The Fortunes were formed as a vocal trio (Rod Allen, Glen Dale and Barry Pritchard) - all three had been the Merrie Men backing Robbie Hood (A.K.A Mike West, previously co-singer with Fred Heath in Johnny Kidd & The Pirates). The Fortunes were originally backed by an instrumental group known as the Cliftones, and the band placed an instrumental track on a compilation album, Brumbeat, issued by the local Dial record label. "Cygnet Twitch" was a working of Tchaikovsky's "Swan Lake", and they subsequently signed to British Decca in 1963. Their first single, "Summertime, Summertime", was credited to the Fortunes and the Cliftones. However, the vocalists picked up guitars, jettisoned the Cliftones, and added Andy Brown on drums, and Dave Carr on keyboards. The follow-up disc "Caroline", co-written by the singer-songwriter and future Ivy League member Perry Ford and songwriter Tony Hiller, was used as the signature tune for the pirate radio station, Radio Caroline. 

 The group's next two singles, Gordon Mills's co-composition "I Like the Look of You" and a revival of "Look Homeward Angel" — like the initial brace of releases overseen by the American record producer Shel Talmy — also failed to chart. Their fifth release, the Roger Greenaway/Roger Cook number, "You've Got Your Troubles" (1965), reached Number 2 in the UK Singles Chart and was a worldwide hit, including reaching Number 1 in Canada and the American Top 10. Their next two singles were "Here It Comes Again", a UK Number 4, and "This Golden Ring" a UK Number 14. These sold well, but each less than the previous release. When Glen Dale left in 1966 he was replaced by Shel McCrae. Three more singles ("You Gave Me Somebody to Love", "Is It Really Worth Your While?" and "Our Love has Gone") all failed to chart.

At this point in 1967, the Fortunes left Decca for United Artists. They reunited with Talmy for their next release, "The Idol", a song they had written themselves, and although it did get some airplay in the UK, it did not become a hit.

 The Fortunes also recorded an advertisement for Coca-Cola in the United States. Their first recording in 1967 was a version of the theme tune, "Things Go Better with Coke", but they are most remembered for introducing the 1969 new slogan recording, used as the main theme for Coca-Cola on both radio and television commercials — "It's The Real Thing".

In 1968, they tried covering The Move's hit "Fire Brigade" for the US market, but with little airplay or sales. In 1970, they recorded an album for the US World Pacific record label, and then signed with Capitol in both the UK and US in 1971.

Then followed a steady succession of singles, some of which were hits outside of the UK and US, culminating in 1972 with the release of "Storm in a Teacup (The Fortunes song)". During this period, they had another worldwide hit, "Here Comes that Rainy Day Feeling" (1971).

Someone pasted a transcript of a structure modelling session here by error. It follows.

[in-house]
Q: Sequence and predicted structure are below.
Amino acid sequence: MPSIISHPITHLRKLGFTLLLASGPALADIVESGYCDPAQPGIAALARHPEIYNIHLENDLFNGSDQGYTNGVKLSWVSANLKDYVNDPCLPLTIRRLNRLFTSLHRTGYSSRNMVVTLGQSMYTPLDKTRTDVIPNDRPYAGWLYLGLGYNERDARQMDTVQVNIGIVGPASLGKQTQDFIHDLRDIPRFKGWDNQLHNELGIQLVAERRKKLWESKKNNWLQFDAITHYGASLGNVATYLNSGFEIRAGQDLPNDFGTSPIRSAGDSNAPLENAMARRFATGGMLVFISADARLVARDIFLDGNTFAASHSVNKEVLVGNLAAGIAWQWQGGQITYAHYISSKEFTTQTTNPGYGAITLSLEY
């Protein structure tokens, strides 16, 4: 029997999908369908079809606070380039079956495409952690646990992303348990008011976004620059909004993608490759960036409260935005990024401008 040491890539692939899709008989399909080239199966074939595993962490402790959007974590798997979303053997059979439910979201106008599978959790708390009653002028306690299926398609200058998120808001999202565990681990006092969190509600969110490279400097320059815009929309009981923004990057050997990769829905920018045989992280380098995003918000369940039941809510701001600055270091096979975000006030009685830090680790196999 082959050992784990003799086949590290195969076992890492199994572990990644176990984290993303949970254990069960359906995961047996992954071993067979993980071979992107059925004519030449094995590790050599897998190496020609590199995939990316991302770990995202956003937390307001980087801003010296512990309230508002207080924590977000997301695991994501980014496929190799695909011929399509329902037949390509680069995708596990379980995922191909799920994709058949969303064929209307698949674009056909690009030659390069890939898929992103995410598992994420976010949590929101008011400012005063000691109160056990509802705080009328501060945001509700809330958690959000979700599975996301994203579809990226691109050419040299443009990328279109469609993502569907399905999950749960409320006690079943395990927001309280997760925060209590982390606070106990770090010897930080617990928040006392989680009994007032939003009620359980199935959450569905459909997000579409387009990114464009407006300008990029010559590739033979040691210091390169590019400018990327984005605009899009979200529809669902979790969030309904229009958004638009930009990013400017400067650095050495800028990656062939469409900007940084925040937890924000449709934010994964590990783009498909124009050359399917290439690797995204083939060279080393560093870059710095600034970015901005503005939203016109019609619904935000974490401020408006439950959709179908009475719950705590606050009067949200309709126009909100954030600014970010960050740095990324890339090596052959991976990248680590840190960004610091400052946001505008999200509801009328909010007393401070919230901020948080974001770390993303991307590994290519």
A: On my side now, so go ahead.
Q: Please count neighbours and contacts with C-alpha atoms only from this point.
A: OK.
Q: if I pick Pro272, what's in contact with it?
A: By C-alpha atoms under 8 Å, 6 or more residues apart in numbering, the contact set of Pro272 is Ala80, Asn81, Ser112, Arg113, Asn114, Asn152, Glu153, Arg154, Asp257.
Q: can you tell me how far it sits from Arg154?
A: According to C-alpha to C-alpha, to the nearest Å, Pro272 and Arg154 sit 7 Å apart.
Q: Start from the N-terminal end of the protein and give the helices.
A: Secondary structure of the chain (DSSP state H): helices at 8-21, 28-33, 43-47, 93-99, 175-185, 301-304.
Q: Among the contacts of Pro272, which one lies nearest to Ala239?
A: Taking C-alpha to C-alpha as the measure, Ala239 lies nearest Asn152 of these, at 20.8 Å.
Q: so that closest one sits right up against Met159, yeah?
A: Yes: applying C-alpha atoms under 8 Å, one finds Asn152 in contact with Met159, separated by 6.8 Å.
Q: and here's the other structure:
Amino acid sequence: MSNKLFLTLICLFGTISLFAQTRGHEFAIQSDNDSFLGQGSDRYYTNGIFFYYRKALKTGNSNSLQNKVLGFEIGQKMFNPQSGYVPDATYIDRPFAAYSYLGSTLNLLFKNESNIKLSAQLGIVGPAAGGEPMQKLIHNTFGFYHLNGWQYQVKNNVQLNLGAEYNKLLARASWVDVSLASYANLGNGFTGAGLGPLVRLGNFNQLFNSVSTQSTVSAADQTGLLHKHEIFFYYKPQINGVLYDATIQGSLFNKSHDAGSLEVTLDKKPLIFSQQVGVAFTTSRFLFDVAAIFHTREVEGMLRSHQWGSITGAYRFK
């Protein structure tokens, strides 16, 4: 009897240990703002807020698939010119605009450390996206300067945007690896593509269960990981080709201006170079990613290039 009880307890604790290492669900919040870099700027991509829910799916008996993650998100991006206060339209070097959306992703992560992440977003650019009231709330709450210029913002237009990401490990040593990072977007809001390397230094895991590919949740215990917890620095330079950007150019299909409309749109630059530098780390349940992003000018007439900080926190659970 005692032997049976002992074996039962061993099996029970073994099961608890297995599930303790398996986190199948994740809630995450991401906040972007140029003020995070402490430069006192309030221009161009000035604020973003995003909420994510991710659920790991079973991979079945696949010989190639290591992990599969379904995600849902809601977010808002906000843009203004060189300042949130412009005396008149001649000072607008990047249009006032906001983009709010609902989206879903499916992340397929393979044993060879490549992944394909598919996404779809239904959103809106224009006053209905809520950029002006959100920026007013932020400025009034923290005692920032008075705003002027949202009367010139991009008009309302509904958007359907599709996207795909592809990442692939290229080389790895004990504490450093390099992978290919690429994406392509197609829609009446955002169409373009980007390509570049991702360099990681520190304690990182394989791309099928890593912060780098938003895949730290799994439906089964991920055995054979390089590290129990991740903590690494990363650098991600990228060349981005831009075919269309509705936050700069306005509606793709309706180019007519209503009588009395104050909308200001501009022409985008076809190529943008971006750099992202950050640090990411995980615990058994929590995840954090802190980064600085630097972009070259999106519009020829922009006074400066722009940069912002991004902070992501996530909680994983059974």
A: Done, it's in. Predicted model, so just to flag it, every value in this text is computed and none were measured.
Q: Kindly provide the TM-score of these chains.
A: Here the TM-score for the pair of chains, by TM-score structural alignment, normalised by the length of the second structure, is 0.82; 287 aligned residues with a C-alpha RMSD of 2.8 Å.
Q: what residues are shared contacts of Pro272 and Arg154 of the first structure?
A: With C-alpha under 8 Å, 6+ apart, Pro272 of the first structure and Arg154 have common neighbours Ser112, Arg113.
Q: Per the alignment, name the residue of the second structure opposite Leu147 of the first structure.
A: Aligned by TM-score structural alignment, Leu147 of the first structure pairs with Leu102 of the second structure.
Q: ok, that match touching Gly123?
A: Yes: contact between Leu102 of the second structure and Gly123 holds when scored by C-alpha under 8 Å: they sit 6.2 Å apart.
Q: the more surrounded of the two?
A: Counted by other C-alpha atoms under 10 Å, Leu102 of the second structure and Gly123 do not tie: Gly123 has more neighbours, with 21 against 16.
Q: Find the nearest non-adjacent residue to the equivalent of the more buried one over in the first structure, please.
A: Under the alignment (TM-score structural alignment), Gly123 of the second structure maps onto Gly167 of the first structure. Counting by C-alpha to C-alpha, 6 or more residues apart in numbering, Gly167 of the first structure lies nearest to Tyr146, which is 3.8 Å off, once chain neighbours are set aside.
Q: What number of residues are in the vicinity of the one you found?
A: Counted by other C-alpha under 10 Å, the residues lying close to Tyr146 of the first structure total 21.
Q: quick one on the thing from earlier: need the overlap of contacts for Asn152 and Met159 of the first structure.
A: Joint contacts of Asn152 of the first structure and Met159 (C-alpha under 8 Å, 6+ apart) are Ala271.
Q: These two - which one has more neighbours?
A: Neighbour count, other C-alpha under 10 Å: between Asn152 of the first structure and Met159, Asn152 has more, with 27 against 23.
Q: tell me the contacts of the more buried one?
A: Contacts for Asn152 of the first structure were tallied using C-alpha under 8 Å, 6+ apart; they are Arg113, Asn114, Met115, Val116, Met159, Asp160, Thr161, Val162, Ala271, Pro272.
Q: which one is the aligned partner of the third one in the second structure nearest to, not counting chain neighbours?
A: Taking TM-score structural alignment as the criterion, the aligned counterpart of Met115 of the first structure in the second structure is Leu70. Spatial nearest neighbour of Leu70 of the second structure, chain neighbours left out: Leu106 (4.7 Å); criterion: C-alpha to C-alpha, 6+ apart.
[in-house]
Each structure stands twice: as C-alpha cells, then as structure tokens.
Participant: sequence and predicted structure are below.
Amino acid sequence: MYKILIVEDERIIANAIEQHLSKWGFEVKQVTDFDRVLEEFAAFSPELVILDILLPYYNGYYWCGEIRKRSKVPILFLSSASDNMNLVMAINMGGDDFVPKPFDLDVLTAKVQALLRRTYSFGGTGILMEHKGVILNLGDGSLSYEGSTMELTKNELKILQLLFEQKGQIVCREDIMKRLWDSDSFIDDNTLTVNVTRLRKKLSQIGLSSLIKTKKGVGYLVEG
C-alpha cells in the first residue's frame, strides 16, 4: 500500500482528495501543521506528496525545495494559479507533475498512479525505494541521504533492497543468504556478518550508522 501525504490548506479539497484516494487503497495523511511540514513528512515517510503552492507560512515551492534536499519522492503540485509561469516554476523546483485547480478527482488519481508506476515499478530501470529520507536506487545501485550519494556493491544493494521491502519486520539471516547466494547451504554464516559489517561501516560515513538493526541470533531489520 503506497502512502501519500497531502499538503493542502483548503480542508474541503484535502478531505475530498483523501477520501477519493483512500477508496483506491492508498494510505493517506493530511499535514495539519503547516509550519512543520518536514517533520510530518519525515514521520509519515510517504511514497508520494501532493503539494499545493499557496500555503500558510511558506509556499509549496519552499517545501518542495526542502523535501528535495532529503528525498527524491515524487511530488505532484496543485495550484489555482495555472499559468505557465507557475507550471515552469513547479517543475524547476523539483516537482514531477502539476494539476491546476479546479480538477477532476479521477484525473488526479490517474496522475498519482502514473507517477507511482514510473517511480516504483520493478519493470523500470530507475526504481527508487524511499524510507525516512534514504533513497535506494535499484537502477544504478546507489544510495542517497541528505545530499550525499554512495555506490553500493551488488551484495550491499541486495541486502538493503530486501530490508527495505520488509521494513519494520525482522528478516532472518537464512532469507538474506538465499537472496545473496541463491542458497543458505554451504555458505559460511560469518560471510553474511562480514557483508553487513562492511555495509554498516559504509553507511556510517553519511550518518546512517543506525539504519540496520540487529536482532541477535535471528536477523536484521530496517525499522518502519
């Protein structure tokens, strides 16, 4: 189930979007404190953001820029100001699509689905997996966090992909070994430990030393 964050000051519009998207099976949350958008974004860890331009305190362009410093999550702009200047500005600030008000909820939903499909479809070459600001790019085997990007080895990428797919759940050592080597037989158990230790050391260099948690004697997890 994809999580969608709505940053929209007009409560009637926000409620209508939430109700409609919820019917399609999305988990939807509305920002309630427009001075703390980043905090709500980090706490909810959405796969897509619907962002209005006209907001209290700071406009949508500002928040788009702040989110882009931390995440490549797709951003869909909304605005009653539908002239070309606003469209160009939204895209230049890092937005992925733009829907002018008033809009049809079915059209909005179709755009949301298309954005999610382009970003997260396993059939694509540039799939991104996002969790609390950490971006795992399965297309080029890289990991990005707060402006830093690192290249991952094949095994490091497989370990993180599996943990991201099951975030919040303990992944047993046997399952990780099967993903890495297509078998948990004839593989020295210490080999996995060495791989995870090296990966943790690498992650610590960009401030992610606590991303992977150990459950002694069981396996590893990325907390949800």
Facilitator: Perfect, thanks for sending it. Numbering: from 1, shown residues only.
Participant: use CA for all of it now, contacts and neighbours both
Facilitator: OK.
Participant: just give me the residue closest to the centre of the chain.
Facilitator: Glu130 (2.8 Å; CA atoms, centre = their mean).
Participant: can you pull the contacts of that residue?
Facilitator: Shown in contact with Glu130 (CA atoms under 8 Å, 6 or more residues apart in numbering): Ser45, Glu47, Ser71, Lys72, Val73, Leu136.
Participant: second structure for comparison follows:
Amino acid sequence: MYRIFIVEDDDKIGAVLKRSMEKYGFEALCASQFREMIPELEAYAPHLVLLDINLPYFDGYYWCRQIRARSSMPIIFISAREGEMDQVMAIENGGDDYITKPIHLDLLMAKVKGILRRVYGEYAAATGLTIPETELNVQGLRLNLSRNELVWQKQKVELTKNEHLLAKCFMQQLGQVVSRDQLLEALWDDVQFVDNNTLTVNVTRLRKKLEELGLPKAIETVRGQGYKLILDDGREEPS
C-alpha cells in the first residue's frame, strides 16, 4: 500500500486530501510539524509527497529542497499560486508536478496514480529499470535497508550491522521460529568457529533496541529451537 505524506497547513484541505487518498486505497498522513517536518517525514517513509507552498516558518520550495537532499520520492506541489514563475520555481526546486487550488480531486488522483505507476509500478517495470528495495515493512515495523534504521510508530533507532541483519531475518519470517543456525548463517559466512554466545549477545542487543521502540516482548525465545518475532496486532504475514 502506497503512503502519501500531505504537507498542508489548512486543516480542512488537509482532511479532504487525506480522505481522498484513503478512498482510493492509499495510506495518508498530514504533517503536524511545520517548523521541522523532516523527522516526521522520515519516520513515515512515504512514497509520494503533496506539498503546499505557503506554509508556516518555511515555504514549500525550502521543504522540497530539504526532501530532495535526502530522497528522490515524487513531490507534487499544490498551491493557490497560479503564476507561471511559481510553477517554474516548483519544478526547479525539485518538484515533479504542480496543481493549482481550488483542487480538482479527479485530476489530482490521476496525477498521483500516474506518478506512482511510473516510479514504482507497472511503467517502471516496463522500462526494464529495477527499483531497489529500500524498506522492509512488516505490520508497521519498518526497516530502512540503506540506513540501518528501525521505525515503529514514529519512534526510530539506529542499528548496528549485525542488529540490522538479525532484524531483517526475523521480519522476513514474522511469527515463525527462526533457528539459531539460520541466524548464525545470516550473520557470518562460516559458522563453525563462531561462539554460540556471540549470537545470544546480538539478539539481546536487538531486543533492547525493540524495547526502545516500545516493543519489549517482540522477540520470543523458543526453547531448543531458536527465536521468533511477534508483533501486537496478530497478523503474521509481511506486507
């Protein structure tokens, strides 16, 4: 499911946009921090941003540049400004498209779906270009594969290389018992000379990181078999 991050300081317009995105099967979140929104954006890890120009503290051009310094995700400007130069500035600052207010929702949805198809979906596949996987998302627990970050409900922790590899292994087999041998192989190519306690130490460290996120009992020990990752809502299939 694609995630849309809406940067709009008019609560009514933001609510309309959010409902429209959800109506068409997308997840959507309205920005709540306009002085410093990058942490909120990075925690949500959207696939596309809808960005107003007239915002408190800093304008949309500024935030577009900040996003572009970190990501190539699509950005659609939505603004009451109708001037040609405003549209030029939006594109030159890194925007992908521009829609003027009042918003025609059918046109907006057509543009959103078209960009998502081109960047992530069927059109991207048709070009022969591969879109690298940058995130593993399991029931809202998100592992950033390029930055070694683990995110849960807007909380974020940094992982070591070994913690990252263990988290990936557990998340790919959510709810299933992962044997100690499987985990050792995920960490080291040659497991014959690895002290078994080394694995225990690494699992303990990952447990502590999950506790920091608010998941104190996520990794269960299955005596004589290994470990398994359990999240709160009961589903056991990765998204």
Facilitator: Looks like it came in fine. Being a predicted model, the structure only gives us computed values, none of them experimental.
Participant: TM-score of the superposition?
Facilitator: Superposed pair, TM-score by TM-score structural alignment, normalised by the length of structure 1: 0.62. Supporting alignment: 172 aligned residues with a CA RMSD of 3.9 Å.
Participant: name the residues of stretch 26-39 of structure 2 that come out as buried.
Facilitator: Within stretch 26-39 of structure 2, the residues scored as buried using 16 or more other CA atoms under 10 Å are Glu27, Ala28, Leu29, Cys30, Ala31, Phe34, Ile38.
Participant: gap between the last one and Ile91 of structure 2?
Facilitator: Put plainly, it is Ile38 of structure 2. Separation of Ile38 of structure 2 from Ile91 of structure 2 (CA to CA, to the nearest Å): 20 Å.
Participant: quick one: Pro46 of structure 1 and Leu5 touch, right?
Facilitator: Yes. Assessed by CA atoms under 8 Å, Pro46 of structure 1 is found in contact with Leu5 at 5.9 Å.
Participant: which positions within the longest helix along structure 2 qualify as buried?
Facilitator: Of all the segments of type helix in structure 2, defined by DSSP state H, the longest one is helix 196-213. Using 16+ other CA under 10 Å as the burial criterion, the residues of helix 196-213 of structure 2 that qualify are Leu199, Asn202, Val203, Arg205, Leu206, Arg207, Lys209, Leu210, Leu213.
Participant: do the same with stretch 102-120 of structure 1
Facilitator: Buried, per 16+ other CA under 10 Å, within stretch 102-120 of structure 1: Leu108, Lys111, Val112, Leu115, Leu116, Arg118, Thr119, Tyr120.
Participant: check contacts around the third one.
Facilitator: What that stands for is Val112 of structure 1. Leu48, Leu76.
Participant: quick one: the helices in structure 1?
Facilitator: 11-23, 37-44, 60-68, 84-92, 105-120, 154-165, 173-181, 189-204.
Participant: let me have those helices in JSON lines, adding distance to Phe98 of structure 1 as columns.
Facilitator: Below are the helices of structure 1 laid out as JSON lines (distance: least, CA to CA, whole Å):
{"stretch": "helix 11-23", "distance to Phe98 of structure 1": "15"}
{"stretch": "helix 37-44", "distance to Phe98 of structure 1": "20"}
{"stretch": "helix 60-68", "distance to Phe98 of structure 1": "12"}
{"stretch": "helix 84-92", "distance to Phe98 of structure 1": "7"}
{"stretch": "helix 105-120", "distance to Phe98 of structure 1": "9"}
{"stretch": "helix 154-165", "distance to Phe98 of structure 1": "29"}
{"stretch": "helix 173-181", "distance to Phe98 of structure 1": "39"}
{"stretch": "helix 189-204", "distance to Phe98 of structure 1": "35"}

P. J. Proby - 1968 - I'm Coming Home FLAC

I'm Comin' Home/Turn Her Away/Together/I Apologise

 PJ Proby was born James Marcus Smith on November 6, 1938, in Houston. His great-grandfather on his mother’s side was the outlaw gunfighter John Wesley Hardin and his father was a successful banker. He was educated at the strict San Marcos Military Academy, but even at school he was known as a bit of a hellraiser and was early on convinced that he was a genius and destined for greatness of some sort. His showbiz ambitions started early with local preteen appearances singing country music. He met Elvis Presley on that circuit when he was just 12 or 13 and Elvis at one point dated his step sister, Betty. But this was just the start of Proby’s improbable, Zelig or Forrest Gump-like ability to always be where the action was. Even at that age, he just was warming up, but already in the right places at the right time and always with the right crowd.

After moving to Hollywood in the mid-50s to become and actor and/or a singer, Smith took the name “Jett Powers” and recorded the single “Go, Girl Go!,” which is best known today as a song that the Cramps dug. (Jett’s backing band the Moondogs included Elliot Ingber/“Winged Eel Fingerling,” later of Frank Zappa’s Mothers of Invention and Captain Beefheart’s Magic Band, on lead guitar). Signed to a songwriting and performing contract with Liberty (along with the likes of Leon Russell and Glen Campbell), he recorded under the name Orville Woods so that the public would think he was black!

 Additionally Proby made a living working as a bodyguard for closeted gay entertainers like Rock Hudson, Liberace and Tab Hunter (by his own account, brutally dispensing anyone who dared hassle one of them in a “gay bashing” manner). Proby also recorded “vocal guides” for $10 a pop so that performers like Elvis could more efficiently make use of expensive recording studio time. (He did twenty such vocal guides for Presley, mimicking his singing style in a full-throated manner that was said to have amused the King.) In early 1964 Jackie DeShannon and songwriter Sharon Sheeley (who’d been his best friend, Eddie Cochran’s, fiancée) introduced Proby—then bearded and wearing his hair extremely long as he was hoping to play the part of Jesus in a musical—to Jack Good who was visiting from London. The meeting would change the course of his life.

Good, the prominent TV producer and manager who gave the world Shindig!, Cliff Richard, Tommy Steele, Billy Fury, Marty Wilde and others of Britain’s first wave of rock and roll stars (he’s also the guy who convinced Gene Vincent to don that Richard III garb) is alleged to have grabbed Proby’s ponytail to see if it was real. Soon afterward, Good’s secretary called from London and offered the complete unknown a spot on the Beatles’ upcoming television special “With the Beatles.”